On Monday’s The Ed Show, Michael Eric Dyson, MSNBC political analyst and frequent guest host on the "Lean Forward" network, used the ongoing controversy surrounding Rachel Dolezal claiming to be African American to deride Supreme Court Justice Clarence Thomas. Dyson asserted: “I bet a lot more black people would support Rachel Dolezal than would support say Clarence Thomas.”

By Mark Finkelstein | June 16, 2015 | 9:08 AM EDT

Think of Hillary Clinton.  I know, I know, but work with me. Now think of the first 100 things that come to mind.  Is "change" one of them?  It is for Howard Dean, and Bill Kristol found that hilarious. On today's Morning Joe, explaining his early endorsement of Hillary, Dean claimed that "Hillary Clinton is change." That was enough to provoke hearty laughter in the normally-composed Kristol.  

Manifestly in a jocular mood, Kristol later turned the PC tables on Mika Brzezinski. When she claimed that young people are very enthusiastic about Hillary, Kristol told Mika that she needed to hang out with a more "diverse" group of them.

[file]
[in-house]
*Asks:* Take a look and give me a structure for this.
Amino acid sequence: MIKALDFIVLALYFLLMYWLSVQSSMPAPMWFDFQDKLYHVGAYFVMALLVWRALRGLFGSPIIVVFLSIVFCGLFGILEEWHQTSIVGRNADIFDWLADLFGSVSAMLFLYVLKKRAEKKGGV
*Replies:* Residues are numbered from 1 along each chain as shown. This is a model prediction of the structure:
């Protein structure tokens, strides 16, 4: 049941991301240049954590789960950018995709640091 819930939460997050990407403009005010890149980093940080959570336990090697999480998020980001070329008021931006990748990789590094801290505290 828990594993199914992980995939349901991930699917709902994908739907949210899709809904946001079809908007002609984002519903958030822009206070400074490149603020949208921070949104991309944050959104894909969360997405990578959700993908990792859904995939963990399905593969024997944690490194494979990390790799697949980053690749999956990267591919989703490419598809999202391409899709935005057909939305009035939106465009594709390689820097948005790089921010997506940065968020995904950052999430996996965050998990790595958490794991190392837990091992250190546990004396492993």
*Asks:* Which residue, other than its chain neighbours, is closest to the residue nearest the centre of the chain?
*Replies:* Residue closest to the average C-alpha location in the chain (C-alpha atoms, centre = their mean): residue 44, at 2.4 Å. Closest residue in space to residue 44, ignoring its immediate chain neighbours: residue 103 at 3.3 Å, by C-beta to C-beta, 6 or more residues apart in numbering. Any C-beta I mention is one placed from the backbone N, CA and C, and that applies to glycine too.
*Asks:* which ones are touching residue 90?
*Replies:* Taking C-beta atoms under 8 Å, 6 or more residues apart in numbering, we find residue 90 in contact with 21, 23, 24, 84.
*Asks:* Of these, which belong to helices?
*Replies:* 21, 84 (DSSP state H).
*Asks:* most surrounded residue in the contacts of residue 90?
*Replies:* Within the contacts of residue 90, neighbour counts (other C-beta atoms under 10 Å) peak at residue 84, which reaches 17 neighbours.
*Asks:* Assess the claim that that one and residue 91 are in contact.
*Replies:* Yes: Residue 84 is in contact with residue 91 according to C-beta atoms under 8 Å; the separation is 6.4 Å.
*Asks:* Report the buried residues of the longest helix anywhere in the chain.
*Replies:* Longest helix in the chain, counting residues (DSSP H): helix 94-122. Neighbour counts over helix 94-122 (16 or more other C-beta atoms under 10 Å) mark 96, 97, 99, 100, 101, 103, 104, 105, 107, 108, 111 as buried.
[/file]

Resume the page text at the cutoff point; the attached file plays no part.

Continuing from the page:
By Ken Shepherd | June 15, 2015 | 9:44 PM EDT

In what amounted as the only significant whiff of criticism of former Secretary of State Hillary Clinton on Monday's Hardball program, NBC News senior political reporter Perry Bacon noted that the failure of bama/Clinton foreign policy was the reason that Clinton is not emphasizing her four years at Foggy Bottom on the campaign trail.

By Melissa Mullins | June 15, 2015 | 2:10 PM EDT

Rachel Dolezal pretended to be black for years as president of the Spokane NAACP. She's now become the "Caitlyn" Jenner of a "trans-black" discussion. People may want to identify as black when they are not. 

Always one for a controversial discussion about race in America, MSNBC host Melissa Harris-Perry decided to jump in on the “trans-black” bandwagon, wondering out loud on her Saturday show:

By Geoffrey Dickens | June 15, 2015 | 9:48 AM EDT